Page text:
Venue: Pleasance Courtyard
The unsolved case of Glasgow serial killer Bible John is the context for this production centred on the particular concept of women with an interest in true crime. Bible John engages in some respects – especially as it explores the horrific murders, but can feel aggressive, preachy and less accessible as it moves into its final act.
Bible John sees four office workers (Ella McLeod, Laurie Ogden, Lauren Santana and Caitlin McEwan – the latter also writes the play) stumble upon their shared obsession for a particular true crime podcast. They soon begin their own research to coincide with that of each weekly podcast episode to tackle the still unsolved case of Bible John.
Opening with a voice-over that sees women discussing Making a Murderer and Serial, and dipping in with anecdotes about their favourite serial killers. The tone is set for this project which explores women’s relationship with the true crime genre – with our four protagonists appearing to describe ‘the type’ of women that enjoy such podcasts. As Bible John launches into its narrative we see that the four leads bounce off each other with an amusing and natural chemistry. Their shared excitement about these grisly crimes has a self-aware macabre humour keeping the tone of Bible John light and engaging (despite subject manner) in these early stages.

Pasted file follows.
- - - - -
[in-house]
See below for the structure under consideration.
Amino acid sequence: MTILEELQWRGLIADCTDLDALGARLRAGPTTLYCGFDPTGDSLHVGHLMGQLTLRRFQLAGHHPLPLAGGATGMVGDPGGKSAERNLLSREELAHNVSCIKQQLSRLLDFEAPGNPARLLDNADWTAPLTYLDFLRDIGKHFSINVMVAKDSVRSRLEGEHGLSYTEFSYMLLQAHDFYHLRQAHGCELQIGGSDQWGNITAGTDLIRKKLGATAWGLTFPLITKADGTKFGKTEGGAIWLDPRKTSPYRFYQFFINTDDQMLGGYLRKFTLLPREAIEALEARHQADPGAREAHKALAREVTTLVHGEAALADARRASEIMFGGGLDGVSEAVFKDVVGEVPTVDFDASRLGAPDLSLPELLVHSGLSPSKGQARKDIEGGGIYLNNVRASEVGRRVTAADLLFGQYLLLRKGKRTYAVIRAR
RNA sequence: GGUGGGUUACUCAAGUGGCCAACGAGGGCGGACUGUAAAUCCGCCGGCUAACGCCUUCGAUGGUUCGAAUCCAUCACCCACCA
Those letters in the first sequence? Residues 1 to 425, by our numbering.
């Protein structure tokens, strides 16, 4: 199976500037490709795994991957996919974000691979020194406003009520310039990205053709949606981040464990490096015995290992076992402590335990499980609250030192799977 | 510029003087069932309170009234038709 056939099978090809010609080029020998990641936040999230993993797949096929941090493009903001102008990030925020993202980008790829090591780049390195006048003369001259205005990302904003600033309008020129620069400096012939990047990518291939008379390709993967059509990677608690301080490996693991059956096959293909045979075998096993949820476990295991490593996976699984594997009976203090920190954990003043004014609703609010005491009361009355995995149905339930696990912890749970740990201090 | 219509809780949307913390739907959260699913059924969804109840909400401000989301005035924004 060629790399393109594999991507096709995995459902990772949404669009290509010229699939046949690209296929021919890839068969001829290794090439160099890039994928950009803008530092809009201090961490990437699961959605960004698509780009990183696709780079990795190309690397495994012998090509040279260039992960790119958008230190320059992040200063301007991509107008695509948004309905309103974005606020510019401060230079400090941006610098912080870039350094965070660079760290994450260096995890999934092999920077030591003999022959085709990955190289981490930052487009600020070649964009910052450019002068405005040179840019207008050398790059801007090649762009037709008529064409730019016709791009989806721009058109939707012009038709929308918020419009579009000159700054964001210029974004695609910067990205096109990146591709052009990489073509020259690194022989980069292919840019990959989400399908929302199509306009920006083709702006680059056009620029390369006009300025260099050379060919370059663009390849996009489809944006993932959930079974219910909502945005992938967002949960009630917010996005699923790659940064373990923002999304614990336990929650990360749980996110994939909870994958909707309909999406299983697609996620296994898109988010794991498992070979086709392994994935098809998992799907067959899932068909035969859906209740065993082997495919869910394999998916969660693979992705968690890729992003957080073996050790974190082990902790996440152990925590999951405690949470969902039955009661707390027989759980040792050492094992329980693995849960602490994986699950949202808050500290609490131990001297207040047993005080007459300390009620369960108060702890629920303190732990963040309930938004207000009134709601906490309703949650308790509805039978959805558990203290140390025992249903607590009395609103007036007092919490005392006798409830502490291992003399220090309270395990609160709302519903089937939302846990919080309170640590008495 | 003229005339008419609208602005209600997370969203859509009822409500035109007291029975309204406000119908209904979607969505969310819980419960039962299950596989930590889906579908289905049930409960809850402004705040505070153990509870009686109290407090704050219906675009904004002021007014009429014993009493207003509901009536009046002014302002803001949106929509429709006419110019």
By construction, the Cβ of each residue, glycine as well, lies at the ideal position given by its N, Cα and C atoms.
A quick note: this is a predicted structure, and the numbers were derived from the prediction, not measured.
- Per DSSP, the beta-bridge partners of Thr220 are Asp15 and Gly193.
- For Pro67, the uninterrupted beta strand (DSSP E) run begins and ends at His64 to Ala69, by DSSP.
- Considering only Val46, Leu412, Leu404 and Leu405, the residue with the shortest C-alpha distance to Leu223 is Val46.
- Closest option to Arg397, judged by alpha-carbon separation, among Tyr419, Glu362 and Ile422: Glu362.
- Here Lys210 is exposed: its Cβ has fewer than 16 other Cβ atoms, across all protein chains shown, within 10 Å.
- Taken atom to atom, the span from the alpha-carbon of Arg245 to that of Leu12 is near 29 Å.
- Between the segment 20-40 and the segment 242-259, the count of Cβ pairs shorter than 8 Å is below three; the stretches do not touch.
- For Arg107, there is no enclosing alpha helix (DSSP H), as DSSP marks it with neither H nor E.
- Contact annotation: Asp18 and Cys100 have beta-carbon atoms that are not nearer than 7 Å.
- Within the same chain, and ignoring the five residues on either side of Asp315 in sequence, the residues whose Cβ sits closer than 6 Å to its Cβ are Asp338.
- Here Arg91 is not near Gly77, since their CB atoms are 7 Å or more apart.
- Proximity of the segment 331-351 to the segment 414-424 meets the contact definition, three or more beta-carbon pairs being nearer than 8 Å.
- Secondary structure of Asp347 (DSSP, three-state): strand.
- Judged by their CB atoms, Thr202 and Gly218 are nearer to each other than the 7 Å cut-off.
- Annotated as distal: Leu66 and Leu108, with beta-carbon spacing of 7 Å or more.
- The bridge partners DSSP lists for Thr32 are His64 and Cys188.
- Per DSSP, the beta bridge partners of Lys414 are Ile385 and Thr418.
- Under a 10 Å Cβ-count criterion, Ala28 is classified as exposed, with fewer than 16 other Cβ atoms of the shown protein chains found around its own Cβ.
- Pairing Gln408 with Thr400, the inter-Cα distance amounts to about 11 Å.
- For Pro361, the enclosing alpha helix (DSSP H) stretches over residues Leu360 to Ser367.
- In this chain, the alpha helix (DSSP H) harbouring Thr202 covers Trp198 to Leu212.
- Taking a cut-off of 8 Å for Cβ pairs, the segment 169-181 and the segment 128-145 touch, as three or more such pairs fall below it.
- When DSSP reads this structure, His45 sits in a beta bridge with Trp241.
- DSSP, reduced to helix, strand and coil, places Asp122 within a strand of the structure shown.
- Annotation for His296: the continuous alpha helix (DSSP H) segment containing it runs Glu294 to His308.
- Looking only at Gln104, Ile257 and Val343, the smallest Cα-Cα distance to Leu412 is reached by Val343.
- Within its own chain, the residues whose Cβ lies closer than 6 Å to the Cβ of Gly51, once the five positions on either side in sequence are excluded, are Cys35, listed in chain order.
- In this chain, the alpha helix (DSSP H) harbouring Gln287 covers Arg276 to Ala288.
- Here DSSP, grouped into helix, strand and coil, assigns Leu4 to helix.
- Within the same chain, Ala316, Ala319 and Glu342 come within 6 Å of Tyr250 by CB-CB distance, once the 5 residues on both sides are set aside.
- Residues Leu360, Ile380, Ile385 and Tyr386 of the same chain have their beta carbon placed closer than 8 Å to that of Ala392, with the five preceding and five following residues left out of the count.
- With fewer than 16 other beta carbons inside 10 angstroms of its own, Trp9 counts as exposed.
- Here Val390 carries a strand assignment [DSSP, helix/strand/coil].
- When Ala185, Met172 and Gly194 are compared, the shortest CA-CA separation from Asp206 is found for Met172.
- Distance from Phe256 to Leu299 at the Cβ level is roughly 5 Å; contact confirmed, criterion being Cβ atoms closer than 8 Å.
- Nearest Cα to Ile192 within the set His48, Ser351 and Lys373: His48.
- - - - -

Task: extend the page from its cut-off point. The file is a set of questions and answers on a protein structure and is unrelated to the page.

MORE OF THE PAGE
Yet as the Bible John case remains unsolved, there are no prizes for predicting the ending of the podcast and the girl’s subsequent disappointment – with all their invested time wasted. It’s here when Bible John makes a narrative shift with the story turning into a recreation of Glasgow’s Barrowlands (Bible John’s hunting ground). Here, things get a little trippy and performance art focussed. The shift to a more alternative style after a somewhat conventional structure in the first act makes Bible John feel tonally disjointed.
Whilst Bible John does pay tribute to the serial killer’s victims in a humble and well-intentioned manner, it becomes somewhat uncomfortable in its final moments. Jumping on the soapbox, the show notes the lack of female serial killers – with our stars suggesting a call to arms, for women to commit violent crimes and gain the notoriety of their male counterparts. The show becomes a far cry from the amusing, more rigidly structured piece showcased in its first half. It all feels a bit disjointed and juvenile with a lack of insight.